Thursday, January 30, 2014

Martin Breaugh's "The Plebeian Experience"

Martin Breaugh was educated at the University of Paris VII-Denis-Diderot and is associate professor of political theory at York University (Toronto). His research focuses on the theory and practice of emancipatory politics and radical democracy.

Breaugh applied the “Page 99 Test” to his new book, The Plebeian Experience: A Discontinuous History of Political Freedom, and reported the following:
This is a book about the 99%. Because of the first plebeian secession in Rome (494 BCE), I call them the plebs.

The Plebeian Experience proceeds from a very simple question: what happens when the 99% that are excluded from political life take it upon themselves to become political? The answer is to be sought in history and philosophy. From history, I explain what was accomplished by the plebs and I emphasize how it was carried out. In a nutshell: when the many appear on the stage of history, they bring forth a form of political conflict that broadens freedom within the community. In philosophical terms, I located, in the history of political thought, a “counter-tradition” that understands the politics of the many as more than just “mob rule”, as we will see below. From the death of Socrates by a democratic tribunal to today, our tradition of political thought has not done justice to the 99%.

This is where the page 99 test comes in. On page 99, I offer a synopsis of the political theory of the 99% that gives, I hope, an accurate indication of “the quality of the whole” (Ford Madox Ford). On page 99, I write:
Machiavelli has left us with a body of thought where the plebs are regarded as a political subject that animates the body politic with a desire for liberty by ensuring the presence of conflict through its “implacable” opposition to the grandees. Following a line of thought close to that of the Florentine Secretary but formulated in his own terms, Montesquieu, in his Considérations, extols the virtues of division, stating that the plebs are defined by their rejection of tranquility in favor of the disturbances required by the dissonance of liberty. Thus, according to Montesquieu, the plebs ensure the conflictual unity of free political communities. Vico, agreeing with Machiavelli and Montesquieu that the plebs are the vehicle of conflict and freedom, nevertheless argues that they prove incapable of assuming that very freedom over the long term. For Pierre-Simon Ballanche, the plebs, due to their struggle against the stationary, patrician forces, are endowed with humanity, being a political subject that makes humankind’s achievement of progress and emancipation possible. In another vein, Daniel De Leon believes that the history of the Roman plebs should remind the many, invested with political capacity, of the need for self- emancipation. On the other hand, what makes the work of Michel Foucault interesting is his revival of the plebeian question within contemporary debates, rather than his equivocal theorization of it. Finally, in Jacques Rancière’s work “plebeian thought” achieves a certain theoretical culmination, since it proves to be central to his thinking. Based on his exploration of Ballanche’s findings with respect to the first plebeian secession, Rancière argues that the secession illustrates the founding conflict of the political, which bears on the existence of a common political stage. By exposing the wrong attributable to the “police- based” distribution of titles and functions, the plebs institute a common space where equality can be verified. They thereby set up a process of subjectivization that extricates them from the “naturalness” of their place and enables the passage from the status of animal laborans to that of zoon politikon.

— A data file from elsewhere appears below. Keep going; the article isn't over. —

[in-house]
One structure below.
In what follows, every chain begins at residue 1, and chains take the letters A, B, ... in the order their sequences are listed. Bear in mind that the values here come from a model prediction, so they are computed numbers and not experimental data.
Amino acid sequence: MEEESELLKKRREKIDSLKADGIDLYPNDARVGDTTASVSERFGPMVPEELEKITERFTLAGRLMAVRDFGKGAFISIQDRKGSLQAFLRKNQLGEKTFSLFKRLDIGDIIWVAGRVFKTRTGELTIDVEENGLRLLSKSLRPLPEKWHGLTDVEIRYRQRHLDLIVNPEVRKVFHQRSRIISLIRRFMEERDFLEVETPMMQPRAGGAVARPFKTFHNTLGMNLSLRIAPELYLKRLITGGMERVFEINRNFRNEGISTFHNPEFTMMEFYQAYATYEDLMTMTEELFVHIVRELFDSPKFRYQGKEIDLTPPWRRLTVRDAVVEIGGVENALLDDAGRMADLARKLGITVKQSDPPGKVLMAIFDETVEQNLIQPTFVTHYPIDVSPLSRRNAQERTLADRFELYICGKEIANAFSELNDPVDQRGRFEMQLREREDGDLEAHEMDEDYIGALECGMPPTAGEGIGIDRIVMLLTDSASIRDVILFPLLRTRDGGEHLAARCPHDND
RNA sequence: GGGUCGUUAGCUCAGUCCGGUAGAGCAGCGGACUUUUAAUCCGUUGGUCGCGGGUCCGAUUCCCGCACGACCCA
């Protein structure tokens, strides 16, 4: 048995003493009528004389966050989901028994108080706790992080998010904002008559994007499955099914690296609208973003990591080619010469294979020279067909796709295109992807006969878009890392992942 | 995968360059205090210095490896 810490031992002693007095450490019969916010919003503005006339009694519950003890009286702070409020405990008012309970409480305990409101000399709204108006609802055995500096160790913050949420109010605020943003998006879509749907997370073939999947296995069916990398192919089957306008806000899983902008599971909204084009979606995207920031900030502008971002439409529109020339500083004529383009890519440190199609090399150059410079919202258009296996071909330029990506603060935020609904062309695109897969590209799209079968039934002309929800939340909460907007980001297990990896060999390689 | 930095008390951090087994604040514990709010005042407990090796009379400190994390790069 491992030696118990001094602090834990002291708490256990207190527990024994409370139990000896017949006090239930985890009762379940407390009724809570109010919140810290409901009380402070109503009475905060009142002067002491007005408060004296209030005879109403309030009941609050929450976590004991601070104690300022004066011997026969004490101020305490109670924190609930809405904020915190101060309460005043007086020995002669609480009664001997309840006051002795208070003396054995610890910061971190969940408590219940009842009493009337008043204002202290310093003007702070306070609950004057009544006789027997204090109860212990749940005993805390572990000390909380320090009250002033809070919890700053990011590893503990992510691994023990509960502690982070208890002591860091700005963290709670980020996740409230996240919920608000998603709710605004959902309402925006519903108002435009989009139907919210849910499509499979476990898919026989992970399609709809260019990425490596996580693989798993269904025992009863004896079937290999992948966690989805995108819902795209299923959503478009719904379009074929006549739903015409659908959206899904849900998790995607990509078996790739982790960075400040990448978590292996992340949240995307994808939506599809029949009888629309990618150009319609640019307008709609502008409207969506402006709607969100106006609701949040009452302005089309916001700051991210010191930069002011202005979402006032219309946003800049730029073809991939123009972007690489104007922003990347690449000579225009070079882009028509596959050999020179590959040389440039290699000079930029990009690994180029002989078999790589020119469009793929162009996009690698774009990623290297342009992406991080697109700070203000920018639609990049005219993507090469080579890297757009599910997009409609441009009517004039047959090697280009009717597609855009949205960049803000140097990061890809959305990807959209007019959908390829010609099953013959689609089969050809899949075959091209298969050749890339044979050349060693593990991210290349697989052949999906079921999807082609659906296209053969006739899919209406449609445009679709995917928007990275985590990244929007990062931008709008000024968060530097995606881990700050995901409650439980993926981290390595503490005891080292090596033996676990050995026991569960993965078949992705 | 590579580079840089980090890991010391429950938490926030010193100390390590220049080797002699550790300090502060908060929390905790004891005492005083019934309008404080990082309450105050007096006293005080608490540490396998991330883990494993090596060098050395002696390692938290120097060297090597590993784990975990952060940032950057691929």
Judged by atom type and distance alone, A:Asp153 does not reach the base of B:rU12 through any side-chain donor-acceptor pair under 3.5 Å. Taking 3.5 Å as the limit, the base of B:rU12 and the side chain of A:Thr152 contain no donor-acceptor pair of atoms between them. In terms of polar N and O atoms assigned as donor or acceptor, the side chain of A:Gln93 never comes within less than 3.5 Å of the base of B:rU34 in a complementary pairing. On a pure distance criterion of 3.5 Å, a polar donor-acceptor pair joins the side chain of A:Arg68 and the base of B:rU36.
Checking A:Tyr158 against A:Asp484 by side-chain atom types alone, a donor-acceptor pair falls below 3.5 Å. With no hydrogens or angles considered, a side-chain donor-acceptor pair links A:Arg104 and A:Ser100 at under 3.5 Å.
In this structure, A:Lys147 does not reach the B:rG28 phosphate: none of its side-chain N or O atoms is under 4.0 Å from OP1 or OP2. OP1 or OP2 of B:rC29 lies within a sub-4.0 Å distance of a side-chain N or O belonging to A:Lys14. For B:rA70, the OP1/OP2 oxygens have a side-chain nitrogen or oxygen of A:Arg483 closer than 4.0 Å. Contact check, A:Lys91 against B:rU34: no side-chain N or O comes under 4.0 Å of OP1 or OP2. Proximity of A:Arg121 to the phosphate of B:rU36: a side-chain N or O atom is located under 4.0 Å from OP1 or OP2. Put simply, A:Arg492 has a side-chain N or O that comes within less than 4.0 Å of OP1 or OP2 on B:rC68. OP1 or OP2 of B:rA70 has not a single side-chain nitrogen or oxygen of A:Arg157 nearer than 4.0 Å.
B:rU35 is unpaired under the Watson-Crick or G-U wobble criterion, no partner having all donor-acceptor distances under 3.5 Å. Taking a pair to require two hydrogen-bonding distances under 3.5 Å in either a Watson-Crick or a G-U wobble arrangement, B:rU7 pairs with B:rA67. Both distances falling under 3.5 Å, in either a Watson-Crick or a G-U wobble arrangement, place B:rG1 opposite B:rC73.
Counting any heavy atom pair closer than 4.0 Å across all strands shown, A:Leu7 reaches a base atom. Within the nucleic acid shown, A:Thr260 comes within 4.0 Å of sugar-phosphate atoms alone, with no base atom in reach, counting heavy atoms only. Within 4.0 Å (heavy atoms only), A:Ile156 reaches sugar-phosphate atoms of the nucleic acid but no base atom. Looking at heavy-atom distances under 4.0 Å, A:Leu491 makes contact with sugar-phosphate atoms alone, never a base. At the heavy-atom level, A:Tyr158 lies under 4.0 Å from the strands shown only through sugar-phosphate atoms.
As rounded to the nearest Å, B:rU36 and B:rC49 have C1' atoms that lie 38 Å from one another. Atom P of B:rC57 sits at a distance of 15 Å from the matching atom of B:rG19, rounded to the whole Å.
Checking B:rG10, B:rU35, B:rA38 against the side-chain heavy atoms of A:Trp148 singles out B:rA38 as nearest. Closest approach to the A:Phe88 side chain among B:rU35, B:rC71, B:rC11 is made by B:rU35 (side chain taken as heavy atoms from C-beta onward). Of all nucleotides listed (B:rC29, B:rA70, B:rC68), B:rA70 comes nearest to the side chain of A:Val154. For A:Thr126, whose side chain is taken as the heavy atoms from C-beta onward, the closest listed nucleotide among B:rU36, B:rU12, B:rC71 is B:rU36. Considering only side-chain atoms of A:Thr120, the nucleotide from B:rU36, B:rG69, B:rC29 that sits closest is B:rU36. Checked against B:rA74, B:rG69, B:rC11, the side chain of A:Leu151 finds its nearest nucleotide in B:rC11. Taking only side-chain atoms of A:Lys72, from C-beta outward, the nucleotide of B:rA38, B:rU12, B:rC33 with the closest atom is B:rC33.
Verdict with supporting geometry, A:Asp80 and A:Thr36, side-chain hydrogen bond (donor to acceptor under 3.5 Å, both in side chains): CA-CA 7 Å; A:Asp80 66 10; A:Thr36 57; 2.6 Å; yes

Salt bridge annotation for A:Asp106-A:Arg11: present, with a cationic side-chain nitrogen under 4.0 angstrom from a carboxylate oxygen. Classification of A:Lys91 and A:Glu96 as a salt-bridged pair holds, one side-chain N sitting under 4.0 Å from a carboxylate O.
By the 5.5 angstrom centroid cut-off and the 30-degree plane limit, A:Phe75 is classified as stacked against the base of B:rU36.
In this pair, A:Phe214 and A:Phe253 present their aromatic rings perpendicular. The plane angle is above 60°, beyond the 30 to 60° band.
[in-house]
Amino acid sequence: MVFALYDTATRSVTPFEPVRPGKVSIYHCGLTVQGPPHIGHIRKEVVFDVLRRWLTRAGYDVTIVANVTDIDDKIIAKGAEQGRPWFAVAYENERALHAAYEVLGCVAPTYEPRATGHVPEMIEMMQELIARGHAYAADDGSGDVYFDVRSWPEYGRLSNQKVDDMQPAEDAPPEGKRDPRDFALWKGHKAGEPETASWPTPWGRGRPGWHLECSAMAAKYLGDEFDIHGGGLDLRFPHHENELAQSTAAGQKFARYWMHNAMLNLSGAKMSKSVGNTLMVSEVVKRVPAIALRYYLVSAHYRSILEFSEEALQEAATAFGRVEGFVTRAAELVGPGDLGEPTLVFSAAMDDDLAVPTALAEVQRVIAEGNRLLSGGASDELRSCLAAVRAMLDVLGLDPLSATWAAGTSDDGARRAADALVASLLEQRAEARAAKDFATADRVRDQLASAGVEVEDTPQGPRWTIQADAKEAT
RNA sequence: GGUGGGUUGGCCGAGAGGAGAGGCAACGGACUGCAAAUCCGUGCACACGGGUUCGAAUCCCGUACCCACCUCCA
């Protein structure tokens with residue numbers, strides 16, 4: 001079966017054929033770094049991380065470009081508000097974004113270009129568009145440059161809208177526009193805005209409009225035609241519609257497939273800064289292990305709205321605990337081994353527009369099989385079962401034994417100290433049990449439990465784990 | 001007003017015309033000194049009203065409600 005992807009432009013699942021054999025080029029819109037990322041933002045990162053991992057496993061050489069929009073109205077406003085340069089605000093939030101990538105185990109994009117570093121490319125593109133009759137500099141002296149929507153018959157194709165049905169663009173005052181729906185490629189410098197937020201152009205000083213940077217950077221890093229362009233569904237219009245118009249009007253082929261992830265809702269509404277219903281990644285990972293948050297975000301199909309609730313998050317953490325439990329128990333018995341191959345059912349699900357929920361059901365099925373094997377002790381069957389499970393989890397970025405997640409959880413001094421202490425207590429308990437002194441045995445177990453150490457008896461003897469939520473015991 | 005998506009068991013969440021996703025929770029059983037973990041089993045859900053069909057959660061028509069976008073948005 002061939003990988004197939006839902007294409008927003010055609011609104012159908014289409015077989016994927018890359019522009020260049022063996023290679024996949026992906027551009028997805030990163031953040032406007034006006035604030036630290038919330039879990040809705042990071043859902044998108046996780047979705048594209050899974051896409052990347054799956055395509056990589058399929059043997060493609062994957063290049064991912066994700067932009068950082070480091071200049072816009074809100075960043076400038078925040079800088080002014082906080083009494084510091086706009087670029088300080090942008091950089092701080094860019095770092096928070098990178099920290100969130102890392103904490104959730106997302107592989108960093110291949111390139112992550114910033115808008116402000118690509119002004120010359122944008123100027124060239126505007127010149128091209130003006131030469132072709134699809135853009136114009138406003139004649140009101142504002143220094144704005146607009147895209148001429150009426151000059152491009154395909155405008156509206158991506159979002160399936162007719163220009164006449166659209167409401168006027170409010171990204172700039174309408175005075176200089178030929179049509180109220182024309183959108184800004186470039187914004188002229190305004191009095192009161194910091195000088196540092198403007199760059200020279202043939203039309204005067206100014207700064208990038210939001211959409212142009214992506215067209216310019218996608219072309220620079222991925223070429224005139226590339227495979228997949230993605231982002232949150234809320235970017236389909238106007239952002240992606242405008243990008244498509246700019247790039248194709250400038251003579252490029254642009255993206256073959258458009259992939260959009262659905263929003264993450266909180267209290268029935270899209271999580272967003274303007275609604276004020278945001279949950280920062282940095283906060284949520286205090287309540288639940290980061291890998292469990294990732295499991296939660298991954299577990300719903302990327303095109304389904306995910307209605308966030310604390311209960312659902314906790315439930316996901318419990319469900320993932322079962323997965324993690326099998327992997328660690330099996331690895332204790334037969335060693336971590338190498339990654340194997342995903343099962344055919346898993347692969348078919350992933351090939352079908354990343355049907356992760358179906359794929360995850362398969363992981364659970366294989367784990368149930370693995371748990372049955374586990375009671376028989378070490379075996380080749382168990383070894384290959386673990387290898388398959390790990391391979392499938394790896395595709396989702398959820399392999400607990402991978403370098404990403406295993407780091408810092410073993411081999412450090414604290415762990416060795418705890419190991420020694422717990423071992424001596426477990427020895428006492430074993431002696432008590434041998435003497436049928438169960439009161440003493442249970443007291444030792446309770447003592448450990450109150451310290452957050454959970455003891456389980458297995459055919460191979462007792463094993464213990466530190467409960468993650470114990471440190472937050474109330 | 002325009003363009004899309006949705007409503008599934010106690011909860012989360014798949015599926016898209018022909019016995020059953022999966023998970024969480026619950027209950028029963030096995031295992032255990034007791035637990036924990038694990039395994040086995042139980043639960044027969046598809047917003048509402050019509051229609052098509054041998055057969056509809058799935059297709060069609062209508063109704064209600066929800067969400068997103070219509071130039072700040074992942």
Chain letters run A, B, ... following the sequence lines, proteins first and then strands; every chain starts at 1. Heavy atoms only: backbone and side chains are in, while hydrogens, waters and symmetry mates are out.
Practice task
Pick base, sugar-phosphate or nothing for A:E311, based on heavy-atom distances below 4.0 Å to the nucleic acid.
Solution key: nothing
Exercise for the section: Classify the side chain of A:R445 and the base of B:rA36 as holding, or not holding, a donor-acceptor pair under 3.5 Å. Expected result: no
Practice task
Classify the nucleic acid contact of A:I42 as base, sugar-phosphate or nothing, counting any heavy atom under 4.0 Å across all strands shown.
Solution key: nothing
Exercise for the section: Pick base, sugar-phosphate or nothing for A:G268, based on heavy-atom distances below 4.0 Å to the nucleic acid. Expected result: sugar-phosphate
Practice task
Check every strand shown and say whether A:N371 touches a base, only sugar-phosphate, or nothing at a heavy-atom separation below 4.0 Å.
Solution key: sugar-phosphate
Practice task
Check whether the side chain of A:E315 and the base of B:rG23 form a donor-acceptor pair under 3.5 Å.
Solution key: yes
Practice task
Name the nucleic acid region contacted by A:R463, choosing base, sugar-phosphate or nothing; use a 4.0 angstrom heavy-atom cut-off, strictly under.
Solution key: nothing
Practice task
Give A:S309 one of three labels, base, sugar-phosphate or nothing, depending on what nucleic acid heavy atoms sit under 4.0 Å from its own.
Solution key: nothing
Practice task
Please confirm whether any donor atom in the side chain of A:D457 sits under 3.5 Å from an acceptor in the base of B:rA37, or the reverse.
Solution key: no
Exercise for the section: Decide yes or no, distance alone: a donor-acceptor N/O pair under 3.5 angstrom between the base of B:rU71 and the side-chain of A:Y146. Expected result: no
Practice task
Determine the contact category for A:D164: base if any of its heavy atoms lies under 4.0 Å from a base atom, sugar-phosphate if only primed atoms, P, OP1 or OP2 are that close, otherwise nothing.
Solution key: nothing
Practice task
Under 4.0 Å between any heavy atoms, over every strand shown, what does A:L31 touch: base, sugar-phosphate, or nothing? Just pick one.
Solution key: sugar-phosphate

Learn more about The Plebeian Experience at the Columbia University Press website.

--Marshal Zeringue